Saudi Arabia Crown Prince Mohammed Bin Salman told CBS News that while he takes "full responsibility" for the killing of Washington Post journalist Jamal Khashoggi at the Saudi Consulate in Istanbul, he denies that he ordered the murder to carried out.

"This was a heinous crime," Bin Salman said in an interview with "60 Minutes," which aired Sunday. "I take full responsibility as a leader in Saudi Arabia, especially since it was committed by individuals working for the Saudi government."

Bin Salman blamed the country's large bureaucracy for not knowing about who ordered the killing, with the Saudi Arabian government having millions of employees. "It's impossible that the 3 million would send their daily reports to the leader or the second-highest person in the Saudi government," he said.

Khashoggi was a Saudi-born journalist and was a U.S. resident. He was a frequent critic of the Saudi monarchy and Crown Prince Mohammed Bin Salman.

In October 2018, Khashoggi entered the Saudi Consulate in Istanbul to obtain documents for his upcoming marriage. He never came out of the consulate, with his disappearance causing alarm throughout the international community.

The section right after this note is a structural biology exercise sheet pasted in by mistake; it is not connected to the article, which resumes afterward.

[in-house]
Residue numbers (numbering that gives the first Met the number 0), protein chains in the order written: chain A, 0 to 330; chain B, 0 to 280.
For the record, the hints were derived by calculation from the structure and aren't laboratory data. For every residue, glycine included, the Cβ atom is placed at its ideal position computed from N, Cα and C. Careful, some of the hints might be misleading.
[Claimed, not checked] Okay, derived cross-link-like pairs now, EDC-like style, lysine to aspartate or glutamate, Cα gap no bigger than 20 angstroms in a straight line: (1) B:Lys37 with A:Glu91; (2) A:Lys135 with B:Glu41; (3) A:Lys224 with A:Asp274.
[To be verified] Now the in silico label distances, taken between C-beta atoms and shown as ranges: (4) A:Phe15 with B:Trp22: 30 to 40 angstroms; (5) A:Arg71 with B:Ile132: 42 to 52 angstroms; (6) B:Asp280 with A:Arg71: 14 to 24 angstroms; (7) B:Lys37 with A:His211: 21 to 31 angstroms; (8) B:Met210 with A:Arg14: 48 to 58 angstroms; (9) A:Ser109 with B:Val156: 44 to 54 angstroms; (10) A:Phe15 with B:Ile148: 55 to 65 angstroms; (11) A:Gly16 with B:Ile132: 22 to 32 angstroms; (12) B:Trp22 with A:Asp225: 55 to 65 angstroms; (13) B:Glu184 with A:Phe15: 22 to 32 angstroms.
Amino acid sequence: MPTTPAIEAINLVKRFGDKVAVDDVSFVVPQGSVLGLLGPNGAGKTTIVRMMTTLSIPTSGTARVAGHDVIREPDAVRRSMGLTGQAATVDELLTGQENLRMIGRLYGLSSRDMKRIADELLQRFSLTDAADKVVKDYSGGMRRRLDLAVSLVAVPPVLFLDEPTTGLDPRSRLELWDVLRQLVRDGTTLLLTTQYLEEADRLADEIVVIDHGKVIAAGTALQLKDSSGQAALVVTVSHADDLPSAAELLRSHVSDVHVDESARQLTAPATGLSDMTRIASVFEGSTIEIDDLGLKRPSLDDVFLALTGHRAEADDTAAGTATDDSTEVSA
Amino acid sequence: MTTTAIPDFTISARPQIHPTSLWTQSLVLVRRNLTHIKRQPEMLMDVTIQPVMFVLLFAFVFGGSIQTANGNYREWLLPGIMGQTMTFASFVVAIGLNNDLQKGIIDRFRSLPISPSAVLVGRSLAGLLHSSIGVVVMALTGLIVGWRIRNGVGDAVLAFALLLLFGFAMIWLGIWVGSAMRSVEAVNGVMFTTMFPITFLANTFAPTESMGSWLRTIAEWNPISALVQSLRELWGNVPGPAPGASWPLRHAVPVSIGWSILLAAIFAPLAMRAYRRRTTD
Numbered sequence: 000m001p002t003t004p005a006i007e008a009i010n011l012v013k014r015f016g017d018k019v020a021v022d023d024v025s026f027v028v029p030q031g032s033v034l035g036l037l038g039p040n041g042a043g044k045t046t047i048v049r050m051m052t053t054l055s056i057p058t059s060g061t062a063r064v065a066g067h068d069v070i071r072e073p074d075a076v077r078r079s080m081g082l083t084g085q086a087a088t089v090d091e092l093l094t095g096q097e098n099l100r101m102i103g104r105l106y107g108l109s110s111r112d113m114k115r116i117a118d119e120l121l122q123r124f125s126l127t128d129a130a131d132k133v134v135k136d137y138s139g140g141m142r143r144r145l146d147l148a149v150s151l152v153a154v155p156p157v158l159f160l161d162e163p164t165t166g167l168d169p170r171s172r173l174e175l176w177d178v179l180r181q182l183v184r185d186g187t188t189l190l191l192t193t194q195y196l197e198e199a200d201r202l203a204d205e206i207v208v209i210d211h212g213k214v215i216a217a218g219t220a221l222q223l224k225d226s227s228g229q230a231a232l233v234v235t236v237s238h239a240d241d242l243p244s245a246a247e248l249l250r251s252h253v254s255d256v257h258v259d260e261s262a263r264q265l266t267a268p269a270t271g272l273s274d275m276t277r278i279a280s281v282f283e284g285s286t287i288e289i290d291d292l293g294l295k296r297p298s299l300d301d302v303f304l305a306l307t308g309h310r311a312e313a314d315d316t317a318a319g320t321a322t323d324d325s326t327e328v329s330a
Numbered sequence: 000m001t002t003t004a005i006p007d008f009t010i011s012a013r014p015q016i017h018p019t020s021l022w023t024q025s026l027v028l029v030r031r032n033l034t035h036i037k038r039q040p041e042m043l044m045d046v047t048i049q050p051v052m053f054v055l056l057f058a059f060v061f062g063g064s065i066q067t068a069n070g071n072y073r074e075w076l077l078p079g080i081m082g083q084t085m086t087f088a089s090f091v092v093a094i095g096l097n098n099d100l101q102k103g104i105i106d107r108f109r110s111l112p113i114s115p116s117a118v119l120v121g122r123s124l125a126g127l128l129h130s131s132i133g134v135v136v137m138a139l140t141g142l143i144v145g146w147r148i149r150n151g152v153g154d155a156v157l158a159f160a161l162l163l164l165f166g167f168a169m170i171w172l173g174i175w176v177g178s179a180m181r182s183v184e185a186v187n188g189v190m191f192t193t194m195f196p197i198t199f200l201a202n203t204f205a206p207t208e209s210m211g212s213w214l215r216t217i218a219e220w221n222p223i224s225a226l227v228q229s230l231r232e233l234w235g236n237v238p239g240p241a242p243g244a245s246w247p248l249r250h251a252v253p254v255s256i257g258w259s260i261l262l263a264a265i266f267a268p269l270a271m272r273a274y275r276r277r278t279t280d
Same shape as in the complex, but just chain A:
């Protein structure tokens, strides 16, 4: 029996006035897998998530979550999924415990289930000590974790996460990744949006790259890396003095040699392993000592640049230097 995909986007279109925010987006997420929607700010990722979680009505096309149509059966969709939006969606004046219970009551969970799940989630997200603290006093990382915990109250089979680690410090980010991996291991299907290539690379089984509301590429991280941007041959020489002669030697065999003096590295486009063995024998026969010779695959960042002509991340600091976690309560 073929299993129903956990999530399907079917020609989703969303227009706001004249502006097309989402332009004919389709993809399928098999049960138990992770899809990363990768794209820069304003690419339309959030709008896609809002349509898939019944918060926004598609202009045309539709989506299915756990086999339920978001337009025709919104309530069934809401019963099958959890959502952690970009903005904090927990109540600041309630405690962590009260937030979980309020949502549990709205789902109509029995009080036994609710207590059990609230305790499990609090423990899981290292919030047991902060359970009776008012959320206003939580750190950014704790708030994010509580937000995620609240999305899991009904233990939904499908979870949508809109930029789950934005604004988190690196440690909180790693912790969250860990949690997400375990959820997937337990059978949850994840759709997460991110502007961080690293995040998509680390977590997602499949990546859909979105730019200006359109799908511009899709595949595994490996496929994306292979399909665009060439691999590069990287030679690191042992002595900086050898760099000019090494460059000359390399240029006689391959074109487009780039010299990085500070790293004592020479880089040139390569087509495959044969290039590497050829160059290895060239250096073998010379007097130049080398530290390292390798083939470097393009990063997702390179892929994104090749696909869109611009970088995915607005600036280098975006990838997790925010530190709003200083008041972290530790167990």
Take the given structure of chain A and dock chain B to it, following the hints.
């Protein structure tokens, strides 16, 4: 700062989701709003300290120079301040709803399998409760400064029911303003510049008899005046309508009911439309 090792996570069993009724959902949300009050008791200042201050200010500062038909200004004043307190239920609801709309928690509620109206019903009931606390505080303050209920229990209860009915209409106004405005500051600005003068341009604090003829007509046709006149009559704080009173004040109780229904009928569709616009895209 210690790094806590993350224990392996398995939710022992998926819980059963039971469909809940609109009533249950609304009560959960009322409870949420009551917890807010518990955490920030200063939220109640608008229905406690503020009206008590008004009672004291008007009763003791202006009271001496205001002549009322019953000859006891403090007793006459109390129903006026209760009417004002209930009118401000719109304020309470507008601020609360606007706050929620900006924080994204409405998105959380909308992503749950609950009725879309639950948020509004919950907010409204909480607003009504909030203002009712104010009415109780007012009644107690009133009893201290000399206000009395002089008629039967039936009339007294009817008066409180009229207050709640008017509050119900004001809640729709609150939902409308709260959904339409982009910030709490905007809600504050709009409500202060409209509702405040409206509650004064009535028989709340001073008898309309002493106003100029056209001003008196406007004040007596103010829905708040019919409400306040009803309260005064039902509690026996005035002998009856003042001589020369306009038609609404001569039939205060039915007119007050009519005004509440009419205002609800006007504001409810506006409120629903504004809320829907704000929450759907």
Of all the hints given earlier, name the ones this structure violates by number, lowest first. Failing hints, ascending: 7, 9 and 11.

It was later determined that Khashoggi had been killed while in the consulate. The United Nations and the U.S. Central Intelligence Agency had both determined that it was highly likely that Bin Salman had ordered the killing.

There has been criticism directed at President Donald Trump for perceived inaction to change the U.S.-Saudi relationship. Saudi Arabia is a top oil producer and buys American weapons.

Hatice Cengiz, Khashoggi's Turkish fiancée, has repeatedly tried to get the Trump administration to change its stance on the issue.

"There was lack of reaction in the EU and in the United States," Cengiz said last week. "This should have been a lesson to Saudi Arabia that they can and should also be held responsible."

In the EU, France's weapons sales to Saudi Arabia jumped 50% percent despite Khashoggi's murder.